VICTOR HIGGINS (American, 1884-1949)
    Trout and Creel
    Oil on canvas laid on panel
    19-5/8 x 15-5/8 inches (49.8 x 39.7 cm)
    Signed and inscribed lower right: Victor Higgins / ...SK / J.H.R.


    Owings-Dewey Fine Art, Santa Fe, New Mexico.

    Perhaps doing a Still-Life is most satisfactory. Still Lifes are very patient. They stand a lot of pushing around without complaining. And they do not talk back while the painter is thinking of some quality of design or painting. And they do not blow sand or dust into the canvas or blow it down while the painter is doing something else with both hands full. And they do not borrow their pay in advance and not come back. (Victor Higgins, letter to Paul Grafe, 1946, Joan Higgins Reed Archives, Museum of Fine Arts, Museum of New Mexico, Santa Fe)

    Victor Higgins' innovative still lifes demonstrate his radical shift to modernism during the 1930s. Heavily influenced by Paul C├ęzanne's geometric landscapes and fellow Taos painters John Marin's and Andrew Dasburg's Cubist compositions, Higgins began experimenting with his still lifes, transforming them from traditional three-dimensional arrangements into "collages" of flattened, individuated objects. Often he employed photography to help him visualize these objects -- commonly Pueblo blankets and pottery, flowers, and pumpkins and gourds -- as isolated, two-dimensional forms. Also moved by Jay Hambridge's 1926 The Elements of Dynamic Symmetry, Higgins insisted upon organizing these objects with painstaking precision in order to balance shapes, textures, proportions, and colors. For instance, background walls typically appear as a series of cubistic, rafter-like forms that relate to angular, folded textiles on tabletops.

    A stunning example of Higgins' modernist aesthetic, Trout and Creel is one of only a handful of his known fishing still lifes. Next to mechanics, fly fishing was Higgins' favorite pastime, and he and Walter Ufer made regular trips to the Hondo River north of Taos, competing over who could catch the largest trout. Trout and Creel is a more colorful and complex version of his Seven Trout and a Loaf of Bread (c. 1932-35, Museum of Fine Arts, Museum of New Mexico), where the fish seem to slide down a tilted tabletop.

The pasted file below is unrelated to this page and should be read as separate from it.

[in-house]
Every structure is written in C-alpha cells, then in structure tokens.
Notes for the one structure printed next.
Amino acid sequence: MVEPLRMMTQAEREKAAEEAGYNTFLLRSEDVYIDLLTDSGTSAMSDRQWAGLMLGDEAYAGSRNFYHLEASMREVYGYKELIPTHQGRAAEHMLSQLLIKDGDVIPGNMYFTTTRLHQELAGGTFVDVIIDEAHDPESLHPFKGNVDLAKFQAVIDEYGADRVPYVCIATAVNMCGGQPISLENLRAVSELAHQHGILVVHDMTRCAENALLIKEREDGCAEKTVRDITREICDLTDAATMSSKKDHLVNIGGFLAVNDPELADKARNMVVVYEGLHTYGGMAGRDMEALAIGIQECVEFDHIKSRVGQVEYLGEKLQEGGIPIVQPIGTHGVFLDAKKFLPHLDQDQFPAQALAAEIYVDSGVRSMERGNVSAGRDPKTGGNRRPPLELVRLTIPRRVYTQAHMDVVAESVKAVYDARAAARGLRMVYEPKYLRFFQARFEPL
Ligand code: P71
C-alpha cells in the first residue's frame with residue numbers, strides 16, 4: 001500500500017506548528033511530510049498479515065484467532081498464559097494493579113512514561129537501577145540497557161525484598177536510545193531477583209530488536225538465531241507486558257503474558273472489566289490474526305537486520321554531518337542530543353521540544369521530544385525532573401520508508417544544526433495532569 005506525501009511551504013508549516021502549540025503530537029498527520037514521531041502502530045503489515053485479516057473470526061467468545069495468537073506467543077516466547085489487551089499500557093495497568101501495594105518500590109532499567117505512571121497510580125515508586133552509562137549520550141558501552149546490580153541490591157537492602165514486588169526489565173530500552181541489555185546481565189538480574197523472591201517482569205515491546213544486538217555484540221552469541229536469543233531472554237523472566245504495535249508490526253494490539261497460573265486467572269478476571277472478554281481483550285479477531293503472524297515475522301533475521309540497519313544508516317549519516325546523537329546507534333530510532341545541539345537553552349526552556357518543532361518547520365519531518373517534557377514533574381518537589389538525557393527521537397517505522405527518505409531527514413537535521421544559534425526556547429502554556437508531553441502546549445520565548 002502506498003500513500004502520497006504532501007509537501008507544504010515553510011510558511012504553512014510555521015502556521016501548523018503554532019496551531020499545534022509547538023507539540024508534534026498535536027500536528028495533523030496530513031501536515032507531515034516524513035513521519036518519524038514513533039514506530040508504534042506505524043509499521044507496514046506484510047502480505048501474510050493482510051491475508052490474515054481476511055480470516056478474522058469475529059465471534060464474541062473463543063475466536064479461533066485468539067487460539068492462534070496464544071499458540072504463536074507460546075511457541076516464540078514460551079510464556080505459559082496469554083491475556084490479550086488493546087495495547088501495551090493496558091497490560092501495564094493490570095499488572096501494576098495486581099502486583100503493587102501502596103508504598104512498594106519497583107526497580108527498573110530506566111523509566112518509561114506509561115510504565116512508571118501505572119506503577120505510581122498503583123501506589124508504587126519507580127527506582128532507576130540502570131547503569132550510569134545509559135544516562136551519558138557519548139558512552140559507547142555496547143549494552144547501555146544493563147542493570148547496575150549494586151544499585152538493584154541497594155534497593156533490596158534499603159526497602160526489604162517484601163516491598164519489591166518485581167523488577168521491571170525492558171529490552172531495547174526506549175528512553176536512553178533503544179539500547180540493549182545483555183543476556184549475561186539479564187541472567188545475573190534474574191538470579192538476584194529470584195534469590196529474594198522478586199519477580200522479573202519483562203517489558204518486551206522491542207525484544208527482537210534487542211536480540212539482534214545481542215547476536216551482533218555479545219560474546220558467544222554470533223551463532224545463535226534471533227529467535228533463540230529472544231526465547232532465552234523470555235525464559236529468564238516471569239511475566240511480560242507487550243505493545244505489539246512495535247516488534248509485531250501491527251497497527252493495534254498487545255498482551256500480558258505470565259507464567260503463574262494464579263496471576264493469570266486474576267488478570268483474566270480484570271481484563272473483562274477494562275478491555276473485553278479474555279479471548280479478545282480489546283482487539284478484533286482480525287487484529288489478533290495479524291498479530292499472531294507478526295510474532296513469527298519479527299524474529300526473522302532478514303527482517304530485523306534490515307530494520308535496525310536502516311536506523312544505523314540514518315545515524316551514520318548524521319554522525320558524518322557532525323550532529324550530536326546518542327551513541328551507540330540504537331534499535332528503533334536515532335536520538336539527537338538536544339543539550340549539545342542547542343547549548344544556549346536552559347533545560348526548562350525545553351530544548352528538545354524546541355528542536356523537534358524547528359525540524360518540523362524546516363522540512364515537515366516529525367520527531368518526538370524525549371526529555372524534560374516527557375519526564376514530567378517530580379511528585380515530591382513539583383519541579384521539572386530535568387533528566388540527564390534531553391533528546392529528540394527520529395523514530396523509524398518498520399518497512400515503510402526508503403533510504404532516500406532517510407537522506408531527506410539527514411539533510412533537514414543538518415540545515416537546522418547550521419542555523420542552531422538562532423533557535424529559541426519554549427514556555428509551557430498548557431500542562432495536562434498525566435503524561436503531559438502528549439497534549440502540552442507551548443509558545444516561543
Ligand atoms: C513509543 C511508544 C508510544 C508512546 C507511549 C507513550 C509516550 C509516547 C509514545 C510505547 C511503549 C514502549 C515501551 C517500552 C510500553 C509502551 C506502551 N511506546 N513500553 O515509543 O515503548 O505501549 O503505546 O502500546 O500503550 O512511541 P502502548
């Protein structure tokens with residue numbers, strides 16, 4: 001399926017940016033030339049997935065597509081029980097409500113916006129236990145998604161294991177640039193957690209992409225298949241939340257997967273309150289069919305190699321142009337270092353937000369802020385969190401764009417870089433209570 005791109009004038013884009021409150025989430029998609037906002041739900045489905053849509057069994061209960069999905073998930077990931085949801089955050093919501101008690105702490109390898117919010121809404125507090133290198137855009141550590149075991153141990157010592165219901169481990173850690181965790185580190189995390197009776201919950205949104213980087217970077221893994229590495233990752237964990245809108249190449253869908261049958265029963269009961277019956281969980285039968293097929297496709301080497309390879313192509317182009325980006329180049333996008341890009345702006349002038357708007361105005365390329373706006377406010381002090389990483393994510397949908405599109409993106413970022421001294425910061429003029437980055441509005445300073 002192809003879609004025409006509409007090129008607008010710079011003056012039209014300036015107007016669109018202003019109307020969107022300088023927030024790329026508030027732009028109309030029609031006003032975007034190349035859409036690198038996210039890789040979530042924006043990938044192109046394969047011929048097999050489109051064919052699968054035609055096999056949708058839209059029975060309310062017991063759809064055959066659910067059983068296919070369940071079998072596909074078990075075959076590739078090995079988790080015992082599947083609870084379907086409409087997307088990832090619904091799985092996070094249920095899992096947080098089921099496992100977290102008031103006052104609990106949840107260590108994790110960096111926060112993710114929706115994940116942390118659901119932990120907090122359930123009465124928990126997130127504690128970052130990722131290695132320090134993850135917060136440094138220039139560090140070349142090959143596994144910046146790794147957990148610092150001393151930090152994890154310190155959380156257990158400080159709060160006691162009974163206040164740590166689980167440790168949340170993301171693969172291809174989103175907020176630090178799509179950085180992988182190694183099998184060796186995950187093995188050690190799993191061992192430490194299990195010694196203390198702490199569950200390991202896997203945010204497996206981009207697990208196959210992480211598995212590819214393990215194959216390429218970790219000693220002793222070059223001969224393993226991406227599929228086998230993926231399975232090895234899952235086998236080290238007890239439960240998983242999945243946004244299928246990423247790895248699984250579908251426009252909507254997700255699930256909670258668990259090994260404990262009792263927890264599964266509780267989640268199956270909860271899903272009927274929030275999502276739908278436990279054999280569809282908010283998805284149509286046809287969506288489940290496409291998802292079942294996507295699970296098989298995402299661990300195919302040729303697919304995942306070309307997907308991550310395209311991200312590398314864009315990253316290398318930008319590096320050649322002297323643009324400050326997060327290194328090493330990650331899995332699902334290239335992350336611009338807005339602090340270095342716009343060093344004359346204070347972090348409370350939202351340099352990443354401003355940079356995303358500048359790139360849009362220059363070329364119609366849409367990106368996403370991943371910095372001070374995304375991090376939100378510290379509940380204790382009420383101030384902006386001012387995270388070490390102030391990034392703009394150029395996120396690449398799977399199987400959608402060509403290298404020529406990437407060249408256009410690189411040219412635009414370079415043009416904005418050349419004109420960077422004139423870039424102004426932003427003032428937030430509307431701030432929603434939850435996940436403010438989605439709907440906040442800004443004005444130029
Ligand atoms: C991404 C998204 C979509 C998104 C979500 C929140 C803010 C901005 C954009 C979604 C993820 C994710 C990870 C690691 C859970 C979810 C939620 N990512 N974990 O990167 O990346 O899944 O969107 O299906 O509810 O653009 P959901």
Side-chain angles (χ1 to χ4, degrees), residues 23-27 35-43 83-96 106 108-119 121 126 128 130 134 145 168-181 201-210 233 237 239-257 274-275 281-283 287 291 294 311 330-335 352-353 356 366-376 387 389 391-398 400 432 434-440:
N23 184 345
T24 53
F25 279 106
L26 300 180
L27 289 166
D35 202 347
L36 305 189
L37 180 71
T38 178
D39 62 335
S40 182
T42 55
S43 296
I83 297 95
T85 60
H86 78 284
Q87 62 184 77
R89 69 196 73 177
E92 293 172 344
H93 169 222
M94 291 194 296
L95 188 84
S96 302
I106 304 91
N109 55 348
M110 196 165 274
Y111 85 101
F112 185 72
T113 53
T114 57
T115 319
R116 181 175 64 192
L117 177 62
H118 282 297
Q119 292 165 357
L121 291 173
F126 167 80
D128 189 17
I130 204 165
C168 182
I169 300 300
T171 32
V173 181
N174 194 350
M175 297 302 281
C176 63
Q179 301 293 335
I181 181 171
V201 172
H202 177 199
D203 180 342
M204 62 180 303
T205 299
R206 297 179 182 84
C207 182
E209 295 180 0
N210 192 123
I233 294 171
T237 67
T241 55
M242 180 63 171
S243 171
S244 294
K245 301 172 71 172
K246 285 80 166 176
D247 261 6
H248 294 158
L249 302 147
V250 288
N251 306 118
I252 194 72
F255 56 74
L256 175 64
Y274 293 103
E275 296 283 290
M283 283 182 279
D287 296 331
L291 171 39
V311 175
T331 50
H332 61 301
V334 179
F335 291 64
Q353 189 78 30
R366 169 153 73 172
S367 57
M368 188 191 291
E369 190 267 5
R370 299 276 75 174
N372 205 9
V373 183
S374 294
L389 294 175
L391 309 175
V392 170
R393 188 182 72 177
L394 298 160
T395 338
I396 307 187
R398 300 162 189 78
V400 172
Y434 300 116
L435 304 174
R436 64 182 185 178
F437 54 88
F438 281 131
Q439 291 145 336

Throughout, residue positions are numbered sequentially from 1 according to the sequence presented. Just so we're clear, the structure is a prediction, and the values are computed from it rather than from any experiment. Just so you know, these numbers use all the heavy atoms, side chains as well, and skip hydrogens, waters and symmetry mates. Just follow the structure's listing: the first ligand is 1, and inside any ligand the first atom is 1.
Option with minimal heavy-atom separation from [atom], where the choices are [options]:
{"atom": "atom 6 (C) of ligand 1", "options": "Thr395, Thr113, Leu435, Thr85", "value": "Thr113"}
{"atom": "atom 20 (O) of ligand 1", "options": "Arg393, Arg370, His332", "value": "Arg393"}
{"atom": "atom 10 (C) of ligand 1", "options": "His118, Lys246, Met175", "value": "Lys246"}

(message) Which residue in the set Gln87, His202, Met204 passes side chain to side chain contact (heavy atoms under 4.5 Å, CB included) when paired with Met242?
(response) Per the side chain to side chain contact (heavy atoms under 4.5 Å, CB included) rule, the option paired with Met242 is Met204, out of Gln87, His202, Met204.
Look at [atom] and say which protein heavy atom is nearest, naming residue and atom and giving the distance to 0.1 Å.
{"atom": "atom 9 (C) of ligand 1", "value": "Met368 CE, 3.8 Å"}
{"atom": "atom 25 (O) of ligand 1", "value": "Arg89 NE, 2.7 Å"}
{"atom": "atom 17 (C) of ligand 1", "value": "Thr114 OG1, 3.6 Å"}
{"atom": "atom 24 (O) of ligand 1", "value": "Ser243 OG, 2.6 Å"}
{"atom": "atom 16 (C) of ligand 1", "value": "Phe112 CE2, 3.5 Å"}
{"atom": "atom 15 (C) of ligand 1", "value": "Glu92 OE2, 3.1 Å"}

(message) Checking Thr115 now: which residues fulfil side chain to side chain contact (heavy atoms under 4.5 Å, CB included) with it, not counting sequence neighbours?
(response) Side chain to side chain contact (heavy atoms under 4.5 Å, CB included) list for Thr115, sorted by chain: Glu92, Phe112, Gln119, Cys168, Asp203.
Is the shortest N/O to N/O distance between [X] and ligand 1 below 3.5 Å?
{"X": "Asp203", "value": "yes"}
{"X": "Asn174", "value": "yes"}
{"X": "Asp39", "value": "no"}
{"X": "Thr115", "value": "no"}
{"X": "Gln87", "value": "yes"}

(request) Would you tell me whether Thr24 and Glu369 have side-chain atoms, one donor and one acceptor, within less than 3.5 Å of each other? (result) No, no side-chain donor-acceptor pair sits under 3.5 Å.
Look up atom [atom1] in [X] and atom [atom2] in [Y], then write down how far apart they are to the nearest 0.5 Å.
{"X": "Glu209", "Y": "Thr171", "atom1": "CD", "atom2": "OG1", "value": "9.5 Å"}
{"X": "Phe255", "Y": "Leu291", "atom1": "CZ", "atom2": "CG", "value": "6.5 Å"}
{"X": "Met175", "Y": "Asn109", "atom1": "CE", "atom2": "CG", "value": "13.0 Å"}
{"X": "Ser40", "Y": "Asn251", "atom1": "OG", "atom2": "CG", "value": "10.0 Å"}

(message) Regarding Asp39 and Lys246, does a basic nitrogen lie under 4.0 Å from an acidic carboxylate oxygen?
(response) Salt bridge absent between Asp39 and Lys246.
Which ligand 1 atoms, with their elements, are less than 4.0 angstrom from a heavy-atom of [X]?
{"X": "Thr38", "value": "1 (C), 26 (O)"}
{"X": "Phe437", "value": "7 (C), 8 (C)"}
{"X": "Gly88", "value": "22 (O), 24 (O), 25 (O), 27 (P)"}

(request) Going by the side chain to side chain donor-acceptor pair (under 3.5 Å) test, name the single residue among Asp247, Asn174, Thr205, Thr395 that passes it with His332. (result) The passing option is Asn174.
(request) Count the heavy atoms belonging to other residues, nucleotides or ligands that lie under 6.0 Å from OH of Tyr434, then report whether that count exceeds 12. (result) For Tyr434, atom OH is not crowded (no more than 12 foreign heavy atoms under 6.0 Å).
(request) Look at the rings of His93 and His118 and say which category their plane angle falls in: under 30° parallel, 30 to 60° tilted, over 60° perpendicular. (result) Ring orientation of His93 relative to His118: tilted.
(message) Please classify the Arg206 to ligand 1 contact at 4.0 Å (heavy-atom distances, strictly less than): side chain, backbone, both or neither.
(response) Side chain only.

In Trout and Creel, four rainbow or brown trout lie upon a white cloth, the cloth upon a creel, or small wicker basket, and finally the creel upon a rock and pine branches. Higgins uses diagonal lines and angular shapes to energize the composition, and he erases one-point perspective, turning recessional space into a vertical rectangle of overlapping, abstracted objects. He masterfully renders textures -- prickly pine needles, woven wicker, and shiny fish scales -- and he carefully balances the directional movement of objects, as well as their tones -- darker fish and "background" nature sandwiching lighter cloth and creel. Higgins' dynamic brushwork also juxtaposes opposites, for example, impastoed passages in the green background versus thin, incised lines protruding like quills from the creel. Trout and Creel presents at once solid geometric scaffolding and a lively, topsy-turvy assortment of objects, underscoring that "the still life remained Higgins' experimental laboratory" (D. Porter, Victor Higgins: An American Master, Salt Lake City, Utah, 1991, p. 237).

    Condition Report*:

    Light surface grime; otherwise, no visible condition issues. Framed Dimensions 25 X 21 Inches

    *Heritage Auctions strives to provide as much information as possible but encourages in-person inspection by bidders. Statements regarding the condition of objects are only for general guidance and should not be relied upon as complete statements of fact, and do not constitute a representation, warranty or assumption of liability by Heritage. Please note that we do not de-frame lots estimated at $1,000 or less and may not be able to provide additional details for lots valued under $500. All lots are sold "AS IS" under the Terms & Conditions of Auction.

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    Auction Dates
    May, 2015
    2nd Saturday
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